J. Carter Brown
Chairman of the Jury
On behalf of the Pritzker Jury and my fellow jurors, I wanted to add my accolade to our prize winner and our thanks to Harold Williams and all of my friends here at The Getty, including my former colleague, John Walsh, for the fabulous opportunity to be in this site when it is all still crackling and happening.
This is what architecture is all about. It's about building, and here we're part of the process, not simply handed the product. And Richard, our hat is off to you. I think there is not one of us that hasn't felt the tingle of being on this site and in this setting.
Announcements have come thick and fast in the last 24 hours, and we all know that Harold as announced that some time, way off into the future, he will no longer be in charge of this institution. That is very hard to envision. I think that we all recognize that part of the architectural process also includes the patron. And Harold has been a fantastic patron. What you see here is also largely due to him. So thanks for having us here, Harold.
I am also here to remind you that the Pritzker Prize is very much by intention an international one. And tonight, I think this is reinforced. It's interesting to see that a Richard Meier, an architect from the United States, is asked to do buildings in Spain—a fabulous museum in Barcelona—or in Frankfurt, or in Rome. Now, Rafael Moneo, from Spain, is being invited more and more to design buildings in this country. In fact, we have patrons of his here from Houston, where he is doing an addition to their Museum of Art, and an about-to-be patron, Your Eminence [nodding to Cardinal Mahony, who has commissioned a new cathedral for Los Angeles. I think that is very exciting to recognize how this global village we now live in has become so international.
Moneo, as some of you may know, studied in Rome for a couple of years and has done work in Spain which dramatizes the extent to which Roman culture populated the Iberian Peninsula; and one is reminded constantly of the wonderful reverberations back through time that architecture can give us. We have it here. What from the model I thought originally would be rather Greek, as a hill town, I think once we're here, and feel its grandeur, we recognize is rather Roman.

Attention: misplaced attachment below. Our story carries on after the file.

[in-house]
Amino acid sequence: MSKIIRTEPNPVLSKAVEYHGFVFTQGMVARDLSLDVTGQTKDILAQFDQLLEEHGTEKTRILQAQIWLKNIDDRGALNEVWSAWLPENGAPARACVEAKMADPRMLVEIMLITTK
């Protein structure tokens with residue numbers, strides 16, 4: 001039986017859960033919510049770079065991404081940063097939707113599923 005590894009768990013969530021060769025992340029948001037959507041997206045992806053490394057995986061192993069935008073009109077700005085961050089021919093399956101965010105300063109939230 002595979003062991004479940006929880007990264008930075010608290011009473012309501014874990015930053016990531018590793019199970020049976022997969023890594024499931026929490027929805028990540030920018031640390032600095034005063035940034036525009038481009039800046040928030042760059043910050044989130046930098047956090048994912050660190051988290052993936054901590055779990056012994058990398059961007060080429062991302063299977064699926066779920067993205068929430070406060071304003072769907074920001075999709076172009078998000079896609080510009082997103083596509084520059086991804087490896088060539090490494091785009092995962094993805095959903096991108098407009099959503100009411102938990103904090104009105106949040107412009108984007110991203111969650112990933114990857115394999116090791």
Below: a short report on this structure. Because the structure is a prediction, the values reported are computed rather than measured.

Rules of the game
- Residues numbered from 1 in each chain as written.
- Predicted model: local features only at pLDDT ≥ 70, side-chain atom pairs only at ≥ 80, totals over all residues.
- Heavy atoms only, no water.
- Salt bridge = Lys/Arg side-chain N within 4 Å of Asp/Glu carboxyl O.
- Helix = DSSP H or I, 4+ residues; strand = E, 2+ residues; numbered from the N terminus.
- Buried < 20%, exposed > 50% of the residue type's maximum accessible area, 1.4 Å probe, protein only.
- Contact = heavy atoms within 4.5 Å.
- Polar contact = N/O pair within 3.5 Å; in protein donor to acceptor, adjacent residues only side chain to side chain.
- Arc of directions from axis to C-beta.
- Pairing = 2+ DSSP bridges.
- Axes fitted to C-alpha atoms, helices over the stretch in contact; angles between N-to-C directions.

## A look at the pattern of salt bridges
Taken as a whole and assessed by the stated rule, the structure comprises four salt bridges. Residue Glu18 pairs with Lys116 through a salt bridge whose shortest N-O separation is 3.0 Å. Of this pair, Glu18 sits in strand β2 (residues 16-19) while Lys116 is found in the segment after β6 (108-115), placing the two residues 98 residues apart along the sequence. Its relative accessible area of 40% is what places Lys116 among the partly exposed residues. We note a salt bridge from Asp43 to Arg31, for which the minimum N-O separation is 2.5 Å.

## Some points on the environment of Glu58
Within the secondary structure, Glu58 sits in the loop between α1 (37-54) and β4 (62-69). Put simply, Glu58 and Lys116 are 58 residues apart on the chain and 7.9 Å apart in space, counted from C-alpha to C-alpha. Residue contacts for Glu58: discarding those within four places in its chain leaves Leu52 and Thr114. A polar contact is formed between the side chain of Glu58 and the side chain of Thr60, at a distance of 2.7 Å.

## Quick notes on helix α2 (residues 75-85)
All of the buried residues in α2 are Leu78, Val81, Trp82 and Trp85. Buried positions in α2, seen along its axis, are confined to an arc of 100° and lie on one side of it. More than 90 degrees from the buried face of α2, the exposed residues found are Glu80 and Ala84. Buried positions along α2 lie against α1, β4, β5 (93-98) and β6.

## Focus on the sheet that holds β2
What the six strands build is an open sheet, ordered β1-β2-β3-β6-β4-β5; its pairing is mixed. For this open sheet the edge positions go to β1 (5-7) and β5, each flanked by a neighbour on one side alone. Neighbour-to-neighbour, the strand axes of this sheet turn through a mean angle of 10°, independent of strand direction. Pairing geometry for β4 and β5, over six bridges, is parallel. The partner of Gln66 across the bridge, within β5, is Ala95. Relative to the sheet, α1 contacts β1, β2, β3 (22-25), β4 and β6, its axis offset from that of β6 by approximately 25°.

We have a Moneo understanding the past and that great Latin tradition, which is also part of the American tradition. I think his cathedral will bring us into a realization of that in this city, which was named after all Los Angeles, and is a city that very much represents the wonderful catholicity that our nation of the U.S.A. embodies.
It is appropriate that in a City of Angels we should be celebrating great patrons. And there are among us two of the greatest patrons of today, because it is to them we owe the Pritzker Prize. Cindy Pritzker is very much a part of this team. Cindy, why don't you stand? I think we should all thank her.
Some of you were at the ceremony at the National Building Museum a few weeks ago, when the prize this time went not to an architect, but to Mr. and Mrs. Pritzker. It was a very moving evening, and we had many Pritzker Laureates come and doff their caps. And so this podium is now rightfully turned over to the President of the Hyatt Foundation himself, a very international-minded man, Jay Pritzker, our angel.